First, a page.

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  • Annmarie Throckmorton, M.A.

Making Do

As the vast majority on this Earth know, in a life without money the thing to do is to make do. For the last half century I have held my pride and my nose and picked over the sometimes smelly, sticky, or oddly used things offered up in thrift shops or garage sales. Sometimes I found a treasure in the shabby trove.

In the seventies when I was just starting my adult life, thrift shops were wonderful little mom and pop enterprises, the proprietors of which would bargain with me, and then sometimes generously give me what I wanted for pennies on the dollar. I bought many used books (10¢ for a paperback, 25¢ for a hardback book) to establish my home library, an entire living room full of classical books straining shelves from floor to ceiling. The shelves were boards laid between stacked cinder blocks, but I was very proud of the content of my library. I decorated my home with quaint, even beautiful figurines from yesteryear, each with only the slightest of mars. I served my first inexperienced dinner parties on mismatched but very pretty china; and so on.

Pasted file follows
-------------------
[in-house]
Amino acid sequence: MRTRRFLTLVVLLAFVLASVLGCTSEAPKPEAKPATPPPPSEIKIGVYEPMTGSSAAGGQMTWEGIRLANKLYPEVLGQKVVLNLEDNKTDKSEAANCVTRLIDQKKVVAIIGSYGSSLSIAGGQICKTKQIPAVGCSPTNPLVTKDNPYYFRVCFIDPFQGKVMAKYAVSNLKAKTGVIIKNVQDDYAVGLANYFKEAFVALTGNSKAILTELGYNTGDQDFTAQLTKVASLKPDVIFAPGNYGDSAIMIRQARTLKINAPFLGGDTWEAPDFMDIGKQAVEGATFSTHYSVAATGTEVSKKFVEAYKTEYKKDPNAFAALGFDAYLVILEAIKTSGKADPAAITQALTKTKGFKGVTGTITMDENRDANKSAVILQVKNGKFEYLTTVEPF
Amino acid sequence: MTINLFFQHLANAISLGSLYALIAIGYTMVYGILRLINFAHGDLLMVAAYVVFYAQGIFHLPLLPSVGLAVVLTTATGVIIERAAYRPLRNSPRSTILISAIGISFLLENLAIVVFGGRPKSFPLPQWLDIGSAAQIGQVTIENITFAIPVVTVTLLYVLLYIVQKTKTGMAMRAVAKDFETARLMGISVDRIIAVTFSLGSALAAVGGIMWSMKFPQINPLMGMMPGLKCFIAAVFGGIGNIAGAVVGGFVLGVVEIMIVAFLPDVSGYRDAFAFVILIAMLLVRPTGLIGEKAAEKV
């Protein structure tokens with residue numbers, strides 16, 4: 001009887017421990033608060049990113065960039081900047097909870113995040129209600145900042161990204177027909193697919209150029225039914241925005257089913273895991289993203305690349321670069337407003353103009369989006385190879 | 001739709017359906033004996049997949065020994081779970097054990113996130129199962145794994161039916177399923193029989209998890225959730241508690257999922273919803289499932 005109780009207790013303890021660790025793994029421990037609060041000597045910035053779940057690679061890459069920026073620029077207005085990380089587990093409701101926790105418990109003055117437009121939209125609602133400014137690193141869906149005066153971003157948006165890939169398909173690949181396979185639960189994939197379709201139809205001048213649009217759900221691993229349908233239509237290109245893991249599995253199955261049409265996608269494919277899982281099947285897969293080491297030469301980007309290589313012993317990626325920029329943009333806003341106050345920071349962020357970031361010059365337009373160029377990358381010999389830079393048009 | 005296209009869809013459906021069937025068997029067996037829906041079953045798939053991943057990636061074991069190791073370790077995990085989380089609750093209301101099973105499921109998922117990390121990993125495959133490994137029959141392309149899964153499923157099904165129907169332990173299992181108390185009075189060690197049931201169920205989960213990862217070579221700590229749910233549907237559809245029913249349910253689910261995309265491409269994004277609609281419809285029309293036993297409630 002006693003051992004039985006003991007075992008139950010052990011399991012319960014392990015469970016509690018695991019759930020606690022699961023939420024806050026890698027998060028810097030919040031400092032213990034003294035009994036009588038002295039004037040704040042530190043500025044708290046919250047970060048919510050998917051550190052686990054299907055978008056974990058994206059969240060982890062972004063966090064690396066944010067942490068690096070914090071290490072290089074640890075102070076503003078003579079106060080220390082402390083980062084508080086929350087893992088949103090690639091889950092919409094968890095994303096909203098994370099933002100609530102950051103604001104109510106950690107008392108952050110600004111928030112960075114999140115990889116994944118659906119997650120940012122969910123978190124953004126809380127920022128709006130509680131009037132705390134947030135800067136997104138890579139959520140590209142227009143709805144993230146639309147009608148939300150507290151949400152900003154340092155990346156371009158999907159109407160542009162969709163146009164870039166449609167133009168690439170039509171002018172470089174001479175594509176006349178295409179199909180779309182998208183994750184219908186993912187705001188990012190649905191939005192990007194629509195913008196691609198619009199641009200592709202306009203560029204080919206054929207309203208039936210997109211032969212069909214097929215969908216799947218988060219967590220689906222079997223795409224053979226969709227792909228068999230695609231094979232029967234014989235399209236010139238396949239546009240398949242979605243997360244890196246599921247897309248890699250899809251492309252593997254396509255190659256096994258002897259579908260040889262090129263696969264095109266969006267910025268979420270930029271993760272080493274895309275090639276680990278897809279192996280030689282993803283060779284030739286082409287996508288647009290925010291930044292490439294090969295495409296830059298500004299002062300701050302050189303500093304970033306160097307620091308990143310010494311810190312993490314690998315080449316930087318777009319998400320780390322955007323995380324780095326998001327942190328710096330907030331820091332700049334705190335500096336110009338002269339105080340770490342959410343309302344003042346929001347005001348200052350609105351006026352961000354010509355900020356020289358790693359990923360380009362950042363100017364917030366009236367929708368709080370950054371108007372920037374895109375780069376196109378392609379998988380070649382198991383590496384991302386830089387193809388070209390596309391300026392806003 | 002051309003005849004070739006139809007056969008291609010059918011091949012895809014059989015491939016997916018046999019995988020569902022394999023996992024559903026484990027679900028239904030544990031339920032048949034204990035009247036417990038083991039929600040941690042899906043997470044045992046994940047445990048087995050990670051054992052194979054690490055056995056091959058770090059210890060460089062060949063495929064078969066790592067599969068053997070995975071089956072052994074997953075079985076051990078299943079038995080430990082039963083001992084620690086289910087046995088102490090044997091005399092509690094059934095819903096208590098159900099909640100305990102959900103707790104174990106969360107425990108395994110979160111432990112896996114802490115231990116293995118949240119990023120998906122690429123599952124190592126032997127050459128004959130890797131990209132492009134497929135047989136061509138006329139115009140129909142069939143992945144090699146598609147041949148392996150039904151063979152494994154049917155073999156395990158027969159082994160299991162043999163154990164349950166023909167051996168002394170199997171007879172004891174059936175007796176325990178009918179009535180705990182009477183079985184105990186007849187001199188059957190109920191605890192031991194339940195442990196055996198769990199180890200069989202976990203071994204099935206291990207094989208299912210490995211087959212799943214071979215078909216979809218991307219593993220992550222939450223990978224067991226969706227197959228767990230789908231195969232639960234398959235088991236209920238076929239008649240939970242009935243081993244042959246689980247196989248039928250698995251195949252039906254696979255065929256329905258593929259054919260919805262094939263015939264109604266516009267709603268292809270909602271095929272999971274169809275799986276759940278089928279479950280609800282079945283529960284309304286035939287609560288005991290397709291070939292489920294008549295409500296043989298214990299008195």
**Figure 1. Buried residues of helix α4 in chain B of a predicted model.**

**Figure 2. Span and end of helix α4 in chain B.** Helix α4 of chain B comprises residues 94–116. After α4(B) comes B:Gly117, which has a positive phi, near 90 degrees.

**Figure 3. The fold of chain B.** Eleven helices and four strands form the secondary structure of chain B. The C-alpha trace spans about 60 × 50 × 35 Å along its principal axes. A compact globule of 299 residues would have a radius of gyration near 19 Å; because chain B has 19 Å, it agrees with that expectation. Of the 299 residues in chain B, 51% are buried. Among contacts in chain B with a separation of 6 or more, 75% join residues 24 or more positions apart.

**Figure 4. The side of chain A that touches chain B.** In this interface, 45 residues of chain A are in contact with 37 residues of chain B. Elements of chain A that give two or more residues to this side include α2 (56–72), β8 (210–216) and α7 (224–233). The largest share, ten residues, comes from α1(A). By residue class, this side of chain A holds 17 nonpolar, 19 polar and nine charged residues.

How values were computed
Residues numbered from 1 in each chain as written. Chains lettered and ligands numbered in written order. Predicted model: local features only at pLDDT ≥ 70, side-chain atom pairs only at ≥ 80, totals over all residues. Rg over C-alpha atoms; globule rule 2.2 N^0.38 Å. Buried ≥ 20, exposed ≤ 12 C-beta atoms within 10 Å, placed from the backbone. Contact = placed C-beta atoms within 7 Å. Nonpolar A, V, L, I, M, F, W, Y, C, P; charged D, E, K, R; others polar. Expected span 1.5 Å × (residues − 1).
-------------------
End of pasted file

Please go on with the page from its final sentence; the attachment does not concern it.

Then thrift shops became antique shops with highly priced gewgaws, garage sales became more commonplace, and slick auction companies scooped up the best garage sale finds early on the first day of the garage sales while I was still at work, so I bought whatever household goods were left at those garage sales early on Friday evenings. I furnished my home with interesting old-style wooden chairs, wooden end tables with a bit of flair, and other durable furnishings. I always balanced the old with a new and comfortable sofa and recliner, which were well worth the expense.

Buying from an exhausted homeowner at their garage sale was not the same as the charming interactions I had had with thrift shop owners. But there was still some pleasure to be had. One of the last times I purchased something gently used was in the early 2000s. I bought this pretty, vintage French pillow which is an Indian elephant printed in faux embroidery. I took it apart, gently washed it, cut a new foam pad for it, and sewed up a torn edge. I have always enjoyed recycling human artifacts.

The fact that the magnificent elephant is tortured with jangling bangles to torment its ears, cruel blinders over its eyes, heavy and unnatural cloth draperies confining its body, and cuffs on its feet where it is habitually chained, make this a prayer token. Is it still pretty?

Caption: Indian elephant on vintage French pillow

purchased used by Annmarie Throckmorton 2007

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